The usual definition of a bungalow is a one-story wood frame house with a low-pitched roof, often with a large veranda or porch.
Bungalows are particularly associated with architectural styles from around 1900 into the 1920s, and remained popular through the 1930s. Bungalows tend to be small, a few hundred square feet. Part of the original attraction of bungalows was that they were small and affordable enough so that moderate income families could purchase a home.
Today, the fate of bungalows in many American cities has been either to be fashionably rehabbed into expensive trendy housing, or torn down and replaced by the much larger homes in contemporary flavor.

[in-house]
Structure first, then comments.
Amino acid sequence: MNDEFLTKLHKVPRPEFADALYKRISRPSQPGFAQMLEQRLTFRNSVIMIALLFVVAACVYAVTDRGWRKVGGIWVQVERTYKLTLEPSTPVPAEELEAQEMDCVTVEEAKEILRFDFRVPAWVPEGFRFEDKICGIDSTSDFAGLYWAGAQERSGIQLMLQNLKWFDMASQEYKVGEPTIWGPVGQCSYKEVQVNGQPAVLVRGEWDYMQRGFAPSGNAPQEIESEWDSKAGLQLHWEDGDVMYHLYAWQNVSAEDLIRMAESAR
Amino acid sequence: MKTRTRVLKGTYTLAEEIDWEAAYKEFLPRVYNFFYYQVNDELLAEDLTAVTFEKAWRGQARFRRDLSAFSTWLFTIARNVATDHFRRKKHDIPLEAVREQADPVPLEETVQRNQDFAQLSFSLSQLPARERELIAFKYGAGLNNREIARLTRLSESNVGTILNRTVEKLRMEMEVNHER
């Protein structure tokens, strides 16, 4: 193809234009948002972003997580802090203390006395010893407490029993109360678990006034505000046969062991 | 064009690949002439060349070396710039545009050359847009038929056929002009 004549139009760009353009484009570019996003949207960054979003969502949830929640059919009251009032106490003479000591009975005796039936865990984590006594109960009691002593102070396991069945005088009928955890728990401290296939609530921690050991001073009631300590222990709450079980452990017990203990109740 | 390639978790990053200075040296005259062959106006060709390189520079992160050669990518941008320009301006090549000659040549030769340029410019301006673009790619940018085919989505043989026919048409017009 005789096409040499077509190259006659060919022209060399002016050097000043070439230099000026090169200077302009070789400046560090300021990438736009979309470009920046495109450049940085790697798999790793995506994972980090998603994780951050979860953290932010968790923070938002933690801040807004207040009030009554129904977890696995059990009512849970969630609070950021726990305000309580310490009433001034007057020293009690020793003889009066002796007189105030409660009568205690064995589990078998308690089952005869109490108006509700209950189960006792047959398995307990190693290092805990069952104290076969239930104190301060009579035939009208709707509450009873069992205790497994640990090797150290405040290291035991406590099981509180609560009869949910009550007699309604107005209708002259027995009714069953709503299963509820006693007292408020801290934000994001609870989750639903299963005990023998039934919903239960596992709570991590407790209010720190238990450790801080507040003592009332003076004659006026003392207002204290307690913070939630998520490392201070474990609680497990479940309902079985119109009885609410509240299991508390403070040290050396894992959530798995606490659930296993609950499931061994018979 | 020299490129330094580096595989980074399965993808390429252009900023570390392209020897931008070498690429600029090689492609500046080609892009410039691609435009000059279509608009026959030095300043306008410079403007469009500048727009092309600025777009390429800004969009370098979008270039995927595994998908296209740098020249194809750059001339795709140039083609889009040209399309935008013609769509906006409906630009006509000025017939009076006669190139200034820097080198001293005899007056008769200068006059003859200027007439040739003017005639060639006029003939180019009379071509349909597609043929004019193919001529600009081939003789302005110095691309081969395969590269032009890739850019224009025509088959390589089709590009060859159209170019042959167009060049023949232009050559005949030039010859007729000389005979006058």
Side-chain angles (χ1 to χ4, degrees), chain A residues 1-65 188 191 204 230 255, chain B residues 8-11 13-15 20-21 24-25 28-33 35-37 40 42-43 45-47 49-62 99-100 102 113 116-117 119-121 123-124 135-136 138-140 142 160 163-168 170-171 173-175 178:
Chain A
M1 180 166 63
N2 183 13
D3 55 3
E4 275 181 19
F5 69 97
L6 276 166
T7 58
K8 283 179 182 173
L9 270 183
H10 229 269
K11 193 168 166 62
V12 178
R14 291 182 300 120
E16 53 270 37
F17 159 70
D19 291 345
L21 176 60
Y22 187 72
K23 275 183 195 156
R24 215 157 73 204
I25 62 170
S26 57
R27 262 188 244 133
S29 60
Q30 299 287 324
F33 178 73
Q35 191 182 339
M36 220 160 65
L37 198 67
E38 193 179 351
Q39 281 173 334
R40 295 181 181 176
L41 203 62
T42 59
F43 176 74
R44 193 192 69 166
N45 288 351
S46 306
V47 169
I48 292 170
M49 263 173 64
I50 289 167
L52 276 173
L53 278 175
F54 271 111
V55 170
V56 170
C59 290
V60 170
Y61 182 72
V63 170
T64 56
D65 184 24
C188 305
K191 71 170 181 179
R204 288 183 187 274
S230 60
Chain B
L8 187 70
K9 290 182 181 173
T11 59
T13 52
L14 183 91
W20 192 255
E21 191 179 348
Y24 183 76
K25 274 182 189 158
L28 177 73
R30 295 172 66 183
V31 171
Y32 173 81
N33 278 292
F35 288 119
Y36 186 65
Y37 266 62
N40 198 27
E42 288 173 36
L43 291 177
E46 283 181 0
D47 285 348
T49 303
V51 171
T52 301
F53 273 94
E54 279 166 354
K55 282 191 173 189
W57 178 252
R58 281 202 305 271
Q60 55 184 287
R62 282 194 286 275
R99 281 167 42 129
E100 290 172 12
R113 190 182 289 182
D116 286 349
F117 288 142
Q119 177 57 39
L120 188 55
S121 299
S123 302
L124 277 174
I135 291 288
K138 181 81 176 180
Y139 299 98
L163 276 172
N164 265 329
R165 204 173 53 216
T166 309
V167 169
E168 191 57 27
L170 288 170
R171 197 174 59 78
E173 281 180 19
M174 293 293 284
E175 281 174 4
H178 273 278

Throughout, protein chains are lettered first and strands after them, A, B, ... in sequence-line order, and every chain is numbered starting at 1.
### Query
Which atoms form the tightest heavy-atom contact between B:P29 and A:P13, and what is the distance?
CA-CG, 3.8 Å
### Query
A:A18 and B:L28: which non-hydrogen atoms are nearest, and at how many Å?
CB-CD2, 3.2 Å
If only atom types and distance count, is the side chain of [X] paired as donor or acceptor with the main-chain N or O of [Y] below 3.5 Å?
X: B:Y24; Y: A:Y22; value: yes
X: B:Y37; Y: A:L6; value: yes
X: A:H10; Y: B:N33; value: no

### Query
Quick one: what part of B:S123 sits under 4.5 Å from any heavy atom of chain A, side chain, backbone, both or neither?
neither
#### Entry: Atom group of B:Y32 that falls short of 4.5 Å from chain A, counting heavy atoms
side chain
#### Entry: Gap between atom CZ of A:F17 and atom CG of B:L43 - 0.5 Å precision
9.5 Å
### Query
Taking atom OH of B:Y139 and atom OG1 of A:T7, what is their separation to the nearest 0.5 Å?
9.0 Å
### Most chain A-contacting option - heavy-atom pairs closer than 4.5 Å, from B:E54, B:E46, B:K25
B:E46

The original bungalow style seems to have been a creative British adaptation of traditional architectural elements from India, designed to cope with the oppressive heat of Bengal and other parts of India.
The British took the name and the style home, where it was picked up by several famous architects. The bungalow became so popular that in the United States that bungalow kits could be ordered from catalogs. These were kits that included everything needed to build the house. The most famous style was the California bungalow.
Probably not one American in a hundred knows that the bungalow originates in India.
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